Dr. John Webster Trial: 1850
Webster Kills Dr. Parkman, Webster's Trial Rocks Boston Society, Corpus Delicti Issue Decides Webster's Fate
Defendant: Harvard Professor Dr. John Webster
Crime Charged: Murder
Chief Defense Lawyers: Pliny Merrick and Edward D. Sohier
Chief Prosecutors: George Bemis and John H. Clifford
Judges: LemuelShaw, Charles A. Dewey, Thomas Metcalf, and Samuel Wilde
Place: Boston, Massachusetts
Dates of Trial: March 19—April 1, 1850
Sentence: Death by hanging
SIGNIFICANCE: Because Dr. John Webster had dismembered his victim's body and disposed of most of the parts, the prosecution had to try Webster without showing the corpus delicti, or proof of the murder, namely the body. Webster's trial was one of the first murder convictions based on the testimony of the medical experts and other evidence produced by the prosecution that established guilt beyond a reasonable doubt.
By the 1840s Boston, one of America's oldest cities, had become home to many wealthy families with preeminent positions in American society, business, and politics. This East Coast elite were often referred to as "blue bloods." They were active in charitable and social causes, including supporting leading educational institutions such as the venerable Harvard University in nearby Cambridge.
Dr. John Webster, a professor of chemistry and mineralogy at Harvard's Medical College, had also earned his medical degree from Harvard. His fellow professors included Oliver Wendell Holmes, Sr. Webster, an educated and intelligent man, soon established a place for himself in Boston society. He socialized with some of America's great cultural and literary figures, including poet Henry Wadsworth Longfellow. However, Webster found his new social prominence expensive to support.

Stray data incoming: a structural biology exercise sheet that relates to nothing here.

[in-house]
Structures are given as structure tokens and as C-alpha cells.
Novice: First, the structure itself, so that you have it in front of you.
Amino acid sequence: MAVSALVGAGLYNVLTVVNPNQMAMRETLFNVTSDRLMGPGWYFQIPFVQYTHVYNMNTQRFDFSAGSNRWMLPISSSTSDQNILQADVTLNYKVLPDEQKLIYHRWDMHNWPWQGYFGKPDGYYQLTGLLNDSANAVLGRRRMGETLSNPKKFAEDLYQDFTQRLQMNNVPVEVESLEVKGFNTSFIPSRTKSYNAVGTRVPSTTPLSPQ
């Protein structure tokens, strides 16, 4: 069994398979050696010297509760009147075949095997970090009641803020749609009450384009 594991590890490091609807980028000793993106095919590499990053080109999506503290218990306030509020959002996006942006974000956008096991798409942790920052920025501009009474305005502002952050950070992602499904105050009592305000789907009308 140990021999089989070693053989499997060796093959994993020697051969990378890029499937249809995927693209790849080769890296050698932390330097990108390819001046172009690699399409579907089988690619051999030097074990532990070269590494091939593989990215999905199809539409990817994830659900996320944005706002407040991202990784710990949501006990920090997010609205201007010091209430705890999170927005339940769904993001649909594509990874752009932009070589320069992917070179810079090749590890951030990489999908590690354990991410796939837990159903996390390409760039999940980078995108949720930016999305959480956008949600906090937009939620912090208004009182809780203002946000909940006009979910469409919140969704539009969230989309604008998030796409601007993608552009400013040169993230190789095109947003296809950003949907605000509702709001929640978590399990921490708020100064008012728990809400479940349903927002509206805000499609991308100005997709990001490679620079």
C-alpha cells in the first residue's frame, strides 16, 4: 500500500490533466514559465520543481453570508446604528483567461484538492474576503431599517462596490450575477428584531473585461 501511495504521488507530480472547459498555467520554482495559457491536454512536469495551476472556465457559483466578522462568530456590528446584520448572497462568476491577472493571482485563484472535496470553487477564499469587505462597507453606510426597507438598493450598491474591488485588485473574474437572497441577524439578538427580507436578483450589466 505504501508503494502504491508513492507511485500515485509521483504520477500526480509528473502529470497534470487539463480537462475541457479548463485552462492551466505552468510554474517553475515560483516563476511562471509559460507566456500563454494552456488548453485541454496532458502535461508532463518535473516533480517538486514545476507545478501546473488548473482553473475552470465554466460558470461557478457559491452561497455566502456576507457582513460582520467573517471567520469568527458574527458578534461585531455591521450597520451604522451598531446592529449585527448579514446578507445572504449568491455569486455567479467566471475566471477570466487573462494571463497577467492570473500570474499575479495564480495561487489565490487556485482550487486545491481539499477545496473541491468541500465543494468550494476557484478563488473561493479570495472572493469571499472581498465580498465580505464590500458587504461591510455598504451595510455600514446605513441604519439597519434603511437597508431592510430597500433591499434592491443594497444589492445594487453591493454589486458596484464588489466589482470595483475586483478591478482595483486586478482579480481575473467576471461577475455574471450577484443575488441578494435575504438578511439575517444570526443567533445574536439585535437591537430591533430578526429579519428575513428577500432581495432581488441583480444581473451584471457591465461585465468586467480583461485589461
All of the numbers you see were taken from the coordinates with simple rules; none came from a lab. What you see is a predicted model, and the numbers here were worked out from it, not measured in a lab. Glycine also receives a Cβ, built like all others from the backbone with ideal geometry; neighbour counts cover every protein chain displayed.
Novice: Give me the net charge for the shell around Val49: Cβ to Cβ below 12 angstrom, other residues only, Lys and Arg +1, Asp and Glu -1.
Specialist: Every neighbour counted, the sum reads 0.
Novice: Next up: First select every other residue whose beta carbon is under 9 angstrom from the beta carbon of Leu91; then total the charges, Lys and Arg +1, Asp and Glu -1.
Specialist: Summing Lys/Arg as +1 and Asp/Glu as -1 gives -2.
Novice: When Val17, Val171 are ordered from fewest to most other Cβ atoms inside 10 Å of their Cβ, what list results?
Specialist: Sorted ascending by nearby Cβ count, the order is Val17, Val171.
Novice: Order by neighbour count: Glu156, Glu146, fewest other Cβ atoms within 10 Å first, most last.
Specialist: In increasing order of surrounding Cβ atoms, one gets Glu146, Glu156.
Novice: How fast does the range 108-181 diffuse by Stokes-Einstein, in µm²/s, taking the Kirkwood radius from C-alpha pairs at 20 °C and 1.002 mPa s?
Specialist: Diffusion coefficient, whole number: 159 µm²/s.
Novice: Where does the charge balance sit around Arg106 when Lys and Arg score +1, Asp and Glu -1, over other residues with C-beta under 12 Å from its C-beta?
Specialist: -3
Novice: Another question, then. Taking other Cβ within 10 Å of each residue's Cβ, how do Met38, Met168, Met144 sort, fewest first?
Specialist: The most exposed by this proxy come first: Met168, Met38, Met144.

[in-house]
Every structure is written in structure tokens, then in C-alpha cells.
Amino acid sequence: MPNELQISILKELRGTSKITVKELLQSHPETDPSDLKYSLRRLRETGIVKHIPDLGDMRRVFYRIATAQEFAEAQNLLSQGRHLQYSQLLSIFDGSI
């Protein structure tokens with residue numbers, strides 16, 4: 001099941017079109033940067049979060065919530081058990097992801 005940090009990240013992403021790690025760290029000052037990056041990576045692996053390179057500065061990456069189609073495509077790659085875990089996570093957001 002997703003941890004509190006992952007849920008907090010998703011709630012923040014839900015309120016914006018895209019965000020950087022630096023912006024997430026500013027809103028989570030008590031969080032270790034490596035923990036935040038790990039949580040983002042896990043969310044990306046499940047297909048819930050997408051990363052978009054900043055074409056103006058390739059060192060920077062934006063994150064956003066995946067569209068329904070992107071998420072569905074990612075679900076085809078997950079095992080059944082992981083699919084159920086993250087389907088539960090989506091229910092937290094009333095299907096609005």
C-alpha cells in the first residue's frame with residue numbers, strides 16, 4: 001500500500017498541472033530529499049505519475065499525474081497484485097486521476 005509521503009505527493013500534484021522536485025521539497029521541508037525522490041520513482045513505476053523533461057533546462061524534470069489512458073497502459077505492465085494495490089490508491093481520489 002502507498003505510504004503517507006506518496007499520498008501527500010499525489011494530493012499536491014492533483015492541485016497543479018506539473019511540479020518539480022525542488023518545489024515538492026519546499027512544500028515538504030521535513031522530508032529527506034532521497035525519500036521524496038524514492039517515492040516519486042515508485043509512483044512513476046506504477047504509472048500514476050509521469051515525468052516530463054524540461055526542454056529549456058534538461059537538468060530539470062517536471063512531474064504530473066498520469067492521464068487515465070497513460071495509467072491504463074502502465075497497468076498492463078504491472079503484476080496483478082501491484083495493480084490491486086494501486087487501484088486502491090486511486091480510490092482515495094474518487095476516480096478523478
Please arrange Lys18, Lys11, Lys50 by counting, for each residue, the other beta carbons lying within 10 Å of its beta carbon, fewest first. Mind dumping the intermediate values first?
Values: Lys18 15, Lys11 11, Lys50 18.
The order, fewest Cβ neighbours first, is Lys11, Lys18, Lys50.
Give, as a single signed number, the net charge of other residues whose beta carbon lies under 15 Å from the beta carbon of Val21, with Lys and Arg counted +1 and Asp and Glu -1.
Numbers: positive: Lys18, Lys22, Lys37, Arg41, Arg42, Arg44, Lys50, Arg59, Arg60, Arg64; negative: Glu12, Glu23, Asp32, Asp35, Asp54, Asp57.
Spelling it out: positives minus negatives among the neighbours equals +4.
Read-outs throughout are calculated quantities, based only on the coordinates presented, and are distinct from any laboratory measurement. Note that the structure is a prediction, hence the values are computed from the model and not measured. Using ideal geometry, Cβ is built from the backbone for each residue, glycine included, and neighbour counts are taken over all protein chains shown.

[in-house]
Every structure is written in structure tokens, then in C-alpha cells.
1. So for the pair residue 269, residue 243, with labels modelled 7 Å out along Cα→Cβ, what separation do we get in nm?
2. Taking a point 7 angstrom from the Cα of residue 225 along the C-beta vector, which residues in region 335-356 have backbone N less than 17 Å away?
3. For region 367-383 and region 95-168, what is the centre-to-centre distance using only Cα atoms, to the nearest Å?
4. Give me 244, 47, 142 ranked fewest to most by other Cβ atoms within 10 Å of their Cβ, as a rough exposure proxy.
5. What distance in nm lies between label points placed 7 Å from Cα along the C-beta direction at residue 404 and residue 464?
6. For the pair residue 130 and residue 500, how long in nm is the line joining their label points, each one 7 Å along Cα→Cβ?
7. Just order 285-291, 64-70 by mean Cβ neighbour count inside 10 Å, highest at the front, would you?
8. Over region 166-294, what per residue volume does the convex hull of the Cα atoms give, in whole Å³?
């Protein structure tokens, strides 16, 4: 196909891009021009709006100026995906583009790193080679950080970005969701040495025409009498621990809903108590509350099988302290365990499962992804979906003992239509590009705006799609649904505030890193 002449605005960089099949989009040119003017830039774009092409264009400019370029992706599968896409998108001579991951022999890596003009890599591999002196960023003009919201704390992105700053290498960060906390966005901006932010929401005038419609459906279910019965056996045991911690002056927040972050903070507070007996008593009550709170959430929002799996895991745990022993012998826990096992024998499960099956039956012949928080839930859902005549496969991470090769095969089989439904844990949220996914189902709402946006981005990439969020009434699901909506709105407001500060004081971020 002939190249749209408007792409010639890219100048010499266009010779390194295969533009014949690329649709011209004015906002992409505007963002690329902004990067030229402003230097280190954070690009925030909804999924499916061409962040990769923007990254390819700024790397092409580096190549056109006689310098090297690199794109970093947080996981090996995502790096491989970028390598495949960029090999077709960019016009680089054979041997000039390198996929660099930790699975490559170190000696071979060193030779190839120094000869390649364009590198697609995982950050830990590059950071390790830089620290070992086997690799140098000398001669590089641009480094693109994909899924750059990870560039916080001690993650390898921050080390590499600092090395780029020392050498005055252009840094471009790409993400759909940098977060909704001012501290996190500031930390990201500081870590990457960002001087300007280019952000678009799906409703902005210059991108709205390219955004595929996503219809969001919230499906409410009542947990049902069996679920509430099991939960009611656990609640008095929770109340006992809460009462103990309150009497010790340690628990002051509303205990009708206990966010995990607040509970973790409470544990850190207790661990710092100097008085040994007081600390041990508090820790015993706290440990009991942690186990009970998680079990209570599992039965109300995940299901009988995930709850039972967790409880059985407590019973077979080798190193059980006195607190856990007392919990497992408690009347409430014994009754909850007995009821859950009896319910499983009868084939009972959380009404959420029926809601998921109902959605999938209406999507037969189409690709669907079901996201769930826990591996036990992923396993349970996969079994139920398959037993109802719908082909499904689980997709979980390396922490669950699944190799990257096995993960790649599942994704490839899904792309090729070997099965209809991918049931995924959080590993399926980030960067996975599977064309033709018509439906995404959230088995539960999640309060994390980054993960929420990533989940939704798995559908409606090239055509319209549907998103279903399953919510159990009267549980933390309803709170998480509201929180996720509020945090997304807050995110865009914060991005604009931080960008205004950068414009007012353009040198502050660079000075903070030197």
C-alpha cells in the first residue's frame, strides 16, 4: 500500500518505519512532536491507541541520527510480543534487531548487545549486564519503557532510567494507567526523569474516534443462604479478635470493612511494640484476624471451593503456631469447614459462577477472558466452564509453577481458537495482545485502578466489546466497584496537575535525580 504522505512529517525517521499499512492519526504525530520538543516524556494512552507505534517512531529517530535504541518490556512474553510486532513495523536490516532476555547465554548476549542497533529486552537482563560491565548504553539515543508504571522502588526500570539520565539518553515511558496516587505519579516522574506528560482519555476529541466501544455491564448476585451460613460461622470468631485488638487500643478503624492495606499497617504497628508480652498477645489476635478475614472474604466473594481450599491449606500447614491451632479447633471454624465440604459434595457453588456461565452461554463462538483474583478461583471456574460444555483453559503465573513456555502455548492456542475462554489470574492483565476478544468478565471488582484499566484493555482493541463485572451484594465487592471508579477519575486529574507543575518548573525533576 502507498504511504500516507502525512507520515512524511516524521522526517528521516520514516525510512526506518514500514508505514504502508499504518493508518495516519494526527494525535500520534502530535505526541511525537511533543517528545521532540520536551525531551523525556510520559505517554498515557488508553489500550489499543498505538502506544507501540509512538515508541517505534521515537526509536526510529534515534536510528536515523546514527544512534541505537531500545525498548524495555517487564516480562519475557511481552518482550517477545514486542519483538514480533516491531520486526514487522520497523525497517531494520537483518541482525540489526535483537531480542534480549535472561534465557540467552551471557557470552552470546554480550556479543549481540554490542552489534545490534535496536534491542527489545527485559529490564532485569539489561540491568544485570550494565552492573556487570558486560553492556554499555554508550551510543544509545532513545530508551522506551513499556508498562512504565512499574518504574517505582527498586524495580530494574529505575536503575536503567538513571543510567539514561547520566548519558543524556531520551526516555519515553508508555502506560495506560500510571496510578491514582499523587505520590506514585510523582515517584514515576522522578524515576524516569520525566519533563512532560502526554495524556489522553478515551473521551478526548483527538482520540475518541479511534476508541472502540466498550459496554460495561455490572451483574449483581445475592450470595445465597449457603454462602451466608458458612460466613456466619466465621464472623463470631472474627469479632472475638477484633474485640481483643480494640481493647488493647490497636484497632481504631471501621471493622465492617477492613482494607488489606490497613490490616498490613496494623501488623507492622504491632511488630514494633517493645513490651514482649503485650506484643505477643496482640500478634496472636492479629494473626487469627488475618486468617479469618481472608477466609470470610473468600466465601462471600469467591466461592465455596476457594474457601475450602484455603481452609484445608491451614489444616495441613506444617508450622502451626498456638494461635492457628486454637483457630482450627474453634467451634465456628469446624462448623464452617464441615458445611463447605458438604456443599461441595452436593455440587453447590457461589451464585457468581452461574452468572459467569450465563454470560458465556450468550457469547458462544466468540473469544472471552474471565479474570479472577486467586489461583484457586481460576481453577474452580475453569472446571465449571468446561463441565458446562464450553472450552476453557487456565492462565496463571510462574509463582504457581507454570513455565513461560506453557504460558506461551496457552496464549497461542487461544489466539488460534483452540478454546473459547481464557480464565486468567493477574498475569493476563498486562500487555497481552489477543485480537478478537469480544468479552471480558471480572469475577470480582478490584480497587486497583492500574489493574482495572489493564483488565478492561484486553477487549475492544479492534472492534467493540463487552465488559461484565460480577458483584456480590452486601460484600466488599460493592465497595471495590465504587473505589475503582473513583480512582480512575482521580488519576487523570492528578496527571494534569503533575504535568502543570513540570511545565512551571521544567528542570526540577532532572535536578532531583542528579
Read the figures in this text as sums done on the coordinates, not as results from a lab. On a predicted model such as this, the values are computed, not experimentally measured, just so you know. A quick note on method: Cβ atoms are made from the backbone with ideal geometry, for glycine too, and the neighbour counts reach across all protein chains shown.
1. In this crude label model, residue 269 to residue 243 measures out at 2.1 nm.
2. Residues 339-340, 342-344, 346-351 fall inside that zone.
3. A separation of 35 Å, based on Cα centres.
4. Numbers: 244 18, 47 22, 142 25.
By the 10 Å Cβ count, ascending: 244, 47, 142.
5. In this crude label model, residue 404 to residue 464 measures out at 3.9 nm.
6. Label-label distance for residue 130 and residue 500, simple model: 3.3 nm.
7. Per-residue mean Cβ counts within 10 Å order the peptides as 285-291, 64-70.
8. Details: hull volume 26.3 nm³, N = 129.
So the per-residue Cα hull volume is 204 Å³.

Webster lacked personal wealth. Unlike his peers, he had not inherited a family fortune. Nor did his modest Harvard salary allow for lavish entertaining. He could support his social ambitions only by going into debt. One of his many creditors included Dr. George Parkman, whose family was one of Boston's most prominent. Webster borrowed more than $400 from Parkman, which in the 1840s was a sizable sum. Webster could not repay the debt, and in the fall of 1849 Parkman began to hound Webster to repay him.
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